light box. Investigate bean seedling held by
which part of a shoot pin in jar with light
is sensitive to light. entering through a
slit.

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 Effect of gravity on Light sensitivity:
growth of plants Three pots of oat
seedlings in three
 Demo response to light boxes – tips
water. removed, tips covered
and untreated.
 Interpret experiments
Gravity: Grow broad
using agar blocks and
beans in dark jar in
seedlings with shoot different positions,
tips removed. blotting paper. Broad
bean seedling in
clinostat in dark –
rotating and still.
B1.2.3 Control in
plants
d Use of plant Explain how plant hormones 1 Planning an approach Rooting hormone:
hormones in are used as weed killers and Are all pant hormones useful? Rooting powder, jars

agriculture and rooting hormones. of water and plant
Investigate the effect of
horticulture. cuttings.
rooting hormones on
growth of cuttings.
Weed killer: Selective
 Investigate effect of weed
weed killer solution.
killer on an area of lawn.

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B1.3 The use and abuse of drugs

B1.3.1 Drugs

a Testing of new drugs Explain the term ‘drug’ and give 1 Presenting and writing descriptions and
b and clinical trials. examples of medical drugs. explanations PPT B1.3 Use and
Discuss: Brainstorm – what is a drug? abuse of drugs
Explain why drugs need to be Names of medicines.
tested before they can be Use pictures to relate uses and
Useful information on
prescribed. problems associated with thalidomide.
thalidomide can be
Describe the uses and problems Research: Research and produce a
Thalidomide found at
associated with thalidomide. newspaper report on thalidomide to
d www.thalidomideuk.c
include
Explain how the drug testing om
 original use,
procedure for thalidomide was
 use in pregnant women,
inappropriate.
 current uses.
Describe the main steps in
testing a new drug. Be able to
Discuss: Discuss drug safety and how
give reasons for the different
drugs are tested today.
stages in drug testing.
Using models
Explain the terms placebo and Cards/cut-outs to sequence stages in
double-blind trial. drug testing and trialling and purpose
of each stage.

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c Statins lower the Describe and evaluate the effect 1 Developing argument Working critically with Caffeine:
amount of cholesterol of statins in cardiovascular secondary evidence coffee/energy
in the blood. disease. Interpret data on statins (links drink/coke vs. decaf
Recreational drugs with inherited factors B1.1.1d). version or water,
e Describe some recreational timer/pulse rate
Discuss: Brainstorm on recreational Obtaining and presenting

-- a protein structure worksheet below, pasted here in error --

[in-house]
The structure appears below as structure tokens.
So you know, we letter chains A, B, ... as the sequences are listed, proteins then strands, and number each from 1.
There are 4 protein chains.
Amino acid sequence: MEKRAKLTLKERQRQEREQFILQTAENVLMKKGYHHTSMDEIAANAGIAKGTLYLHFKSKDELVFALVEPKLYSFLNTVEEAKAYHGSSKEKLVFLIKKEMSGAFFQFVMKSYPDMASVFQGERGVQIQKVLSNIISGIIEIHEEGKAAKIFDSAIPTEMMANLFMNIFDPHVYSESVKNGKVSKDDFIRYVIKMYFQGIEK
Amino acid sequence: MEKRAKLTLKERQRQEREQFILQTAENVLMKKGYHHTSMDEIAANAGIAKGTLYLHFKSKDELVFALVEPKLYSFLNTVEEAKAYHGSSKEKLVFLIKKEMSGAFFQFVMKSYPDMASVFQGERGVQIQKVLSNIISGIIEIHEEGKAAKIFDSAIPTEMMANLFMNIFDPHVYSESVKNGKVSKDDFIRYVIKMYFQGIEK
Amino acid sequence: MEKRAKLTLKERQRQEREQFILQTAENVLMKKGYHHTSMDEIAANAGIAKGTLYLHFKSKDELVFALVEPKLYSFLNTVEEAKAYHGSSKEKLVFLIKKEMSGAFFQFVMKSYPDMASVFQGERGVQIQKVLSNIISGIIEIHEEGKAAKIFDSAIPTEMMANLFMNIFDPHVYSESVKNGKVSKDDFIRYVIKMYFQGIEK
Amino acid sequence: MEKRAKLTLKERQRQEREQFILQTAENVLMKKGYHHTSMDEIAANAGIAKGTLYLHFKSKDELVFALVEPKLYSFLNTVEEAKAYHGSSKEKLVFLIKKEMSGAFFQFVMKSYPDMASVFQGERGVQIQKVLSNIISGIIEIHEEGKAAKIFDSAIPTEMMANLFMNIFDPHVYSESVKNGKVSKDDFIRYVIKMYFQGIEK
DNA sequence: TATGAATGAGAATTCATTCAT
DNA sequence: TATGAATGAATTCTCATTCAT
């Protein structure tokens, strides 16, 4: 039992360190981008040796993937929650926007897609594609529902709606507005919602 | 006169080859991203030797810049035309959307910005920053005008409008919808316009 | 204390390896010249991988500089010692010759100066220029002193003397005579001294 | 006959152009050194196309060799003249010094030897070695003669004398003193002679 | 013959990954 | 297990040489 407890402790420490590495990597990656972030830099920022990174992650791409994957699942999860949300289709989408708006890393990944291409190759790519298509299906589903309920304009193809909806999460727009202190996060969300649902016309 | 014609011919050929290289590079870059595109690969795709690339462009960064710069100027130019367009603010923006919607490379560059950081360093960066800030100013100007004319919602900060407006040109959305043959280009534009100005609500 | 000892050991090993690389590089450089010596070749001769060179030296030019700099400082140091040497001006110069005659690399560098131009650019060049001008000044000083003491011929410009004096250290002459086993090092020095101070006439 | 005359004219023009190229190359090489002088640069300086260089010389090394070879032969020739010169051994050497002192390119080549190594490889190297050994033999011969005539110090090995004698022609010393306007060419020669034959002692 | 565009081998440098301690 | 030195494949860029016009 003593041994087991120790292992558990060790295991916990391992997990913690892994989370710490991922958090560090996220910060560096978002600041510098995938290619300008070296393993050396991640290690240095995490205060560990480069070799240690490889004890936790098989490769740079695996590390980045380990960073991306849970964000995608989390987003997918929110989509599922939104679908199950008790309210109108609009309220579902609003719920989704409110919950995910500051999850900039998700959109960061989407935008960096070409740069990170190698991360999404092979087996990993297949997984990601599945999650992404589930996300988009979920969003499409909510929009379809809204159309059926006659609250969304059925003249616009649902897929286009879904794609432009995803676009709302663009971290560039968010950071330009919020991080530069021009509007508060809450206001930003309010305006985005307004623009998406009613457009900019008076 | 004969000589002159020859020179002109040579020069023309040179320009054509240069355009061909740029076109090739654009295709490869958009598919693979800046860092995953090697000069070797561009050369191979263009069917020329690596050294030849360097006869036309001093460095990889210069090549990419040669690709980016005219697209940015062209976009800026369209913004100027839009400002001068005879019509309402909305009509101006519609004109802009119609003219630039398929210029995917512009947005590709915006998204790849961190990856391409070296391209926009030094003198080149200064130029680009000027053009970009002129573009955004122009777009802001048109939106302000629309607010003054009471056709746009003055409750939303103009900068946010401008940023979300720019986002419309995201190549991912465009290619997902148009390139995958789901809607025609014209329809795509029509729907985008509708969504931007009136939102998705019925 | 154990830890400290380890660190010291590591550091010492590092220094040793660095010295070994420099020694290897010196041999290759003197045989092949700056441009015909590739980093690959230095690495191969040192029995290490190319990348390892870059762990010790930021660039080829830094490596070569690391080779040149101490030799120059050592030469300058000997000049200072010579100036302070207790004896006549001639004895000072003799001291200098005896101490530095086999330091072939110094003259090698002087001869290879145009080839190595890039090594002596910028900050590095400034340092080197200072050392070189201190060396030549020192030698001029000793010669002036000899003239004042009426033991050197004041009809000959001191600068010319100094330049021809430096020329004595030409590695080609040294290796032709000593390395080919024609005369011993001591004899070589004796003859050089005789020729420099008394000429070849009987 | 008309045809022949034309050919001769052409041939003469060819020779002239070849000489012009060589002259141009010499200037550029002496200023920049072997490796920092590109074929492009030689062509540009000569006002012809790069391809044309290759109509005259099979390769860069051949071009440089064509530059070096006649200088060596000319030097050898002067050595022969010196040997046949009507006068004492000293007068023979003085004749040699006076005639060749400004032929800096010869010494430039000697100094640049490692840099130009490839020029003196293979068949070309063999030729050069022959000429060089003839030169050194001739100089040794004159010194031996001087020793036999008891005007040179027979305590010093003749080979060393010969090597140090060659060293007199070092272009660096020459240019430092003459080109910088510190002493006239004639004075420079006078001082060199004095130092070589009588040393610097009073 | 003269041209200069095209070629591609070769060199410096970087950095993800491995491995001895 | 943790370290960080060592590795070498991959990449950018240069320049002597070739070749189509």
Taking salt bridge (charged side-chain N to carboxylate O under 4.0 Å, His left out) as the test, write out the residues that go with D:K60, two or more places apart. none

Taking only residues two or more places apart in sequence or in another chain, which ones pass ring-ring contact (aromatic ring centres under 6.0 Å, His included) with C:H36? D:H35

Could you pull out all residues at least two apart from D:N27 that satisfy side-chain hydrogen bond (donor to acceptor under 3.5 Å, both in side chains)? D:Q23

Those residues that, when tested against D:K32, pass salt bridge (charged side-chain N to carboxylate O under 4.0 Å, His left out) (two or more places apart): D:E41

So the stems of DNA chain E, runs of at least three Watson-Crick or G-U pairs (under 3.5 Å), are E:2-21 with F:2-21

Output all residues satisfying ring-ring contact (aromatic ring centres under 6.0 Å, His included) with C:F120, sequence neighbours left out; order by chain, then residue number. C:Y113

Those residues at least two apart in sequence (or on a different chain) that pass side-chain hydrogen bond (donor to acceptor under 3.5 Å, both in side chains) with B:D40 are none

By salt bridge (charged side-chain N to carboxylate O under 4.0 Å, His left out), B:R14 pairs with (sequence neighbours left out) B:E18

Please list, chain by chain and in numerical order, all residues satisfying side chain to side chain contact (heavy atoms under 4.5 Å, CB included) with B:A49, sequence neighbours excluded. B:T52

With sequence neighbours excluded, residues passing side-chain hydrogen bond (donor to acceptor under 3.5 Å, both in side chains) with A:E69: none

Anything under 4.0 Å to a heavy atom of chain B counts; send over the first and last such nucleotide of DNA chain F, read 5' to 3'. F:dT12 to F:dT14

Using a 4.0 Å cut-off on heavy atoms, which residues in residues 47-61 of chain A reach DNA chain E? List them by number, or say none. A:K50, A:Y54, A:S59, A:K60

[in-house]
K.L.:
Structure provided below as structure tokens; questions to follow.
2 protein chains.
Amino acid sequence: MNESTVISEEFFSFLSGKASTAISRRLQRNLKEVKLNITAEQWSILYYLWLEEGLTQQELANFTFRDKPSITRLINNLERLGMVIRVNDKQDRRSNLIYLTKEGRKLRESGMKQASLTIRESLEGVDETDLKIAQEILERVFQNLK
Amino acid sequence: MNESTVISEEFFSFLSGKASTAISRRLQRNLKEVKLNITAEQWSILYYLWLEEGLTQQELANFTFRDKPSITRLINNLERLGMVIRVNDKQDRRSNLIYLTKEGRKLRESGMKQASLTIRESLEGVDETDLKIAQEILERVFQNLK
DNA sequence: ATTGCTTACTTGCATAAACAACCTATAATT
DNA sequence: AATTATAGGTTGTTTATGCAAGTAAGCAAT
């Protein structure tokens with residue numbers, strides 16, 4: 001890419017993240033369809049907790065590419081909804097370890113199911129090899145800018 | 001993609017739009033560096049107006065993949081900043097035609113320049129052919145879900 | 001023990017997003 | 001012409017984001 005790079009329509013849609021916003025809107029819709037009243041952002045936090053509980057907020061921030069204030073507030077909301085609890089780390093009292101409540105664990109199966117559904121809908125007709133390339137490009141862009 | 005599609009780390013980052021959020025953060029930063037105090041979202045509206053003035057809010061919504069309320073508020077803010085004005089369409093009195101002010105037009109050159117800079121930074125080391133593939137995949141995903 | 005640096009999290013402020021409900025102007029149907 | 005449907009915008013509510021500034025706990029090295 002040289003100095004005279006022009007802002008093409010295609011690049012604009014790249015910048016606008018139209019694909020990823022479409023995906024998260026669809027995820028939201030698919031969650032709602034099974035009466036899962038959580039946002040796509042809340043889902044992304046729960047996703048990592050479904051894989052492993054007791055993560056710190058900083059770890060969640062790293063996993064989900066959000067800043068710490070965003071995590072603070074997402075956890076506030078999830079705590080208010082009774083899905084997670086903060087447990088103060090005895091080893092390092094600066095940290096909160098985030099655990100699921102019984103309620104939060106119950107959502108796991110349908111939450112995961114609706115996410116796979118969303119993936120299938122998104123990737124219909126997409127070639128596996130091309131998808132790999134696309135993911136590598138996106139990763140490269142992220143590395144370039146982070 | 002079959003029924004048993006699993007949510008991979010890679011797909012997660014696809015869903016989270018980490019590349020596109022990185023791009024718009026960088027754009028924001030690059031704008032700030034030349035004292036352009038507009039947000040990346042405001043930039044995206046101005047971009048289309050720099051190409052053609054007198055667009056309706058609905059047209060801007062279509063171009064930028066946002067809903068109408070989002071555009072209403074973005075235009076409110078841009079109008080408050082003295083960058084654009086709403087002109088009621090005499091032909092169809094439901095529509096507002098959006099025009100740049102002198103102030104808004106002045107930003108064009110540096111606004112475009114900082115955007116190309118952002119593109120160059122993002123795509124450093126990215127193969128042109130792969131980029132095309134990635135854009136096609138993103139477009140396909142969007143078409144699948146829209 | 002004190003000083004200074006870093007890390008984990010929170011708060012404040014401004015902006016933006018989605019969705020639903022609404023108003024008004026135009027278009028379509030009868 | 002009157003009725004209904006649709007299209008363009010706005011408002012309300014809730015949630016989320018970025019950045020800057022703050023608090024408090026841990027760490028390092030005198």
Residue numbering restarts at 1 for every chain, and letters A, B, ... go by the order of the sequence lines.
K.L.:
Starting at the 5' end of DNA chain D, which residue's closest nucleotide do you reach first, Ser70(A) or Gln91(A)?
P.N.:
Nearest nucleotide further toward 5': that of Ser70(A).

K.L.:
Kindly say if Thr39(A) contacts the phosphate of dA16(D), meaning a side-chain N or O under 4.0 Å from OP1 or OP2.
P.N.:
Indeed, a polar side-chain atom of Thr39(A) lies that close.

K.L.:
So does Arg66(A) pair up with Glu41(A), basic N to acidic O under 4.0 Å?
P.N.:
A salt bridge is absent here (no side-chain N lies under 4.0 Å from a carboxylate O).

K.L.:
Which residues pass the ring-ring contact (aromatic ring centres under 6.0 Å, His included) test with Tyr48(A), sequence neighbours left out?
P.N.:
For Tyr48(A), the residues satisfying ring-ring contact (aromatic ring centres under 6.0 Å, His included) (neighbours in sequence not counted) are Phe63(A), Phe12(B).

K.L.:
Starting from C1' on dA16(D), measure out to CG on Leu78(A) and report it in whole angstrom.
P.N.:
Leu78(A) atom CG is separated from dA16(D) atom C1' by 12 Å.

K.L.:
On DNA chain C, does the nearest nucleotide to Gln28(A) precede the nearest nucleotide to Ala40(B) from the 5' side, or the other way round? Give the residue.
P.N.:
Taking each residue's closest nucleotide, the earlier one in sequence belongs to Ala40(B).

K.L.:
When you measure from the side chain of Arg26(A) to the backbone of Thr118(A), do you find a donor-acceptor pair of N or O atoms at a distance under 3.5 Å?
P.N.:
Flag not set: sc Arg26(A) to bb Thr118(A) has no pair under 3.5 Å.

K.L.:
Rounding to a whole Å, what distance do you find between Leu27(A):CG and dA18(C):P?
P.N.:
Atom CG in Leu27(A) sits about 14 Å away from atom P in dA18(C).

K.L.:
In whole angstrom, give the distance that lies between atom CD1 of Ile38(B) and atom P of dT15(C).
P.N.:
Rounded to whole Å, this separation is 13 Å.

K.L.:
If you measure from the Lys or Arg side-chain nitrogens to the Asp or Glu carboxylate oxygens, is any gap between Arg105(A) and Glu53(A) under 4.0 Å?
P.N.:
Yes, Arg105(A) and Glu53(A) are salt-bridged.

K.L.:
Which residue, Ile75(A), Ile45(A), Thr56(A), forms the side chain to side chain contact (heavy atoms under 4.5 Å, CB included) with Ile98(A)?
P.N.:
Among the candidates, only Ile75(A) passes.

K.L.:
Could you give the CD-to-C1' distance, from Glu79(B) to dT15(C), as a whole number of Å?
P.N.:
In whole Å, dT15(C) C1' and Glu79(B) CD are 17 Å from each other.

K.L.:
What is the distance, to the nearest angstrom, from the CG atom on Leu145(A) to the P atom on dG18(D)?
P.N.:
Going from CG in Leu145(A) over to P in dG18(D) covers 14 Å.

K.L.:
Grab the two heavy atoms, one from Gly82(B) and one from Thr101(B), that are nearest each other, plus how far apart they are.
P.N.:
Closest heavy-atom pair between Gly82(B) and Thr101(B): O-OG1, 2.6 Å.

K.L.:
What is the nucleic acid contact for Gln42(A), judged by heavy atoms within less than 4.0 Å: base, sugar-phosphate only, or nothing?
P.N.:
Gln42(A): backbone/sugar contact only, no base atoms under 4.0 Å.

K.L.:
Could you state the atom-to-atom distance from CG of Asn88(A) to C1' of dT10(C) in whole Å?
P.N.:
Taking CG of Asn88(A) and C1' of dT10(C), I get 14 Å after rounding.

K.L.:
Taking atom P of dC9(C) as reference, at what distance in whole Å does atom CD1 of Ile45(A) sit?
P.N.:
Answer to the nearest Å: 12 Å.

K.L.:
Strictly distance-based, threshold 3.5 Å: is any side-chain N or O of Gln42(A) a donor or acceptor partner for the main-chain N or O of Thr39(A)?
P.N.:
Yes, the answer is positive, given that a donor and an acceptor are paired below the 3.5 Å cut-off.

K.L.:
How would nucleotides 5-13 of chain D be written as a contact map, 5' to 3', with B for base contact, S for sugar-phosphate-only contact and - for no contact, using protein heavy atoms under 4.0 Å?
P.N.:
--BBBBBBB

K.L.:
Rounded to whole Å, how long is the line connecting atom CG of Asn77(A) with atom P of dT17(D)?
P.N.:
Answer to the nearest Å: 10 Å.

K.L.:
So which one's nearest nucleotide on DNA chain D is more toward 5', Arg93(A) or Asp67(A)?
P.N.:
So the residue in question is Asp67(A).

drugs. sensor and a ruler
drugs, sort into legal and illegal and evidence
(alternative measure
Describe some effects of discuss why people use them. Investigate the effect of caffeine effect of caffeine
caffeine on the body. on heart rate or reaction time concentration on
Explain why a person might (see B1.2.1 reaction time heart rate of daphnia)
become addicted to a experiment’).
recreational drug
g Overall impact of Evaluate the impact of smoking 1 Presenting and writing arguments Obtaining and presenting Be able to use data
legal drugs on health. ‘My granddad is 85 and has smoked all primary evidence from a line graph to
his life so why shouldn’t I?’ Demo: Smoking machine to describe the
 Students work in groups to show carbon dioxide and tar relationship between
produce arguments for and content of smoke. Students birth mass of a baby
gather and present data and the number of
against the statement then
cigarettes smoked by
debate in class
the mother.
 Poster to show effects of Useful information on
chemicals in smoke on the drugs can be found at
body. www.talktofrank.com
A useful tool about

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Evaluate why some people use  Calculate the cost of smoking smoking can be found
illegal drugs for recreation. cigarettes. on the NHS website
at www.nhs.uk by
Evaluate claims made about the
Show health warning on packets of searching‘smoking
effect of prescribed and non-
cigarettes; video clips of smoking calculator’.
prescribed drugs on health.
adverts. Why do people smoke? Further information
on smoking can be
found at
www.ash.org.uk

Reaching an agreement on scientific


explanations
Use evidence from research to arrive at
an opinion about claims made about
the effect of prescribed and non-
prescribed drugs on health. Students
write a blog about how they came to
this view

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e Recreational drugs Evaluate the impact of alcohol 1 Applications, implications and cultural Working critically with primary Exhibition of alcoholic
on health. understanding evidence drinks with units per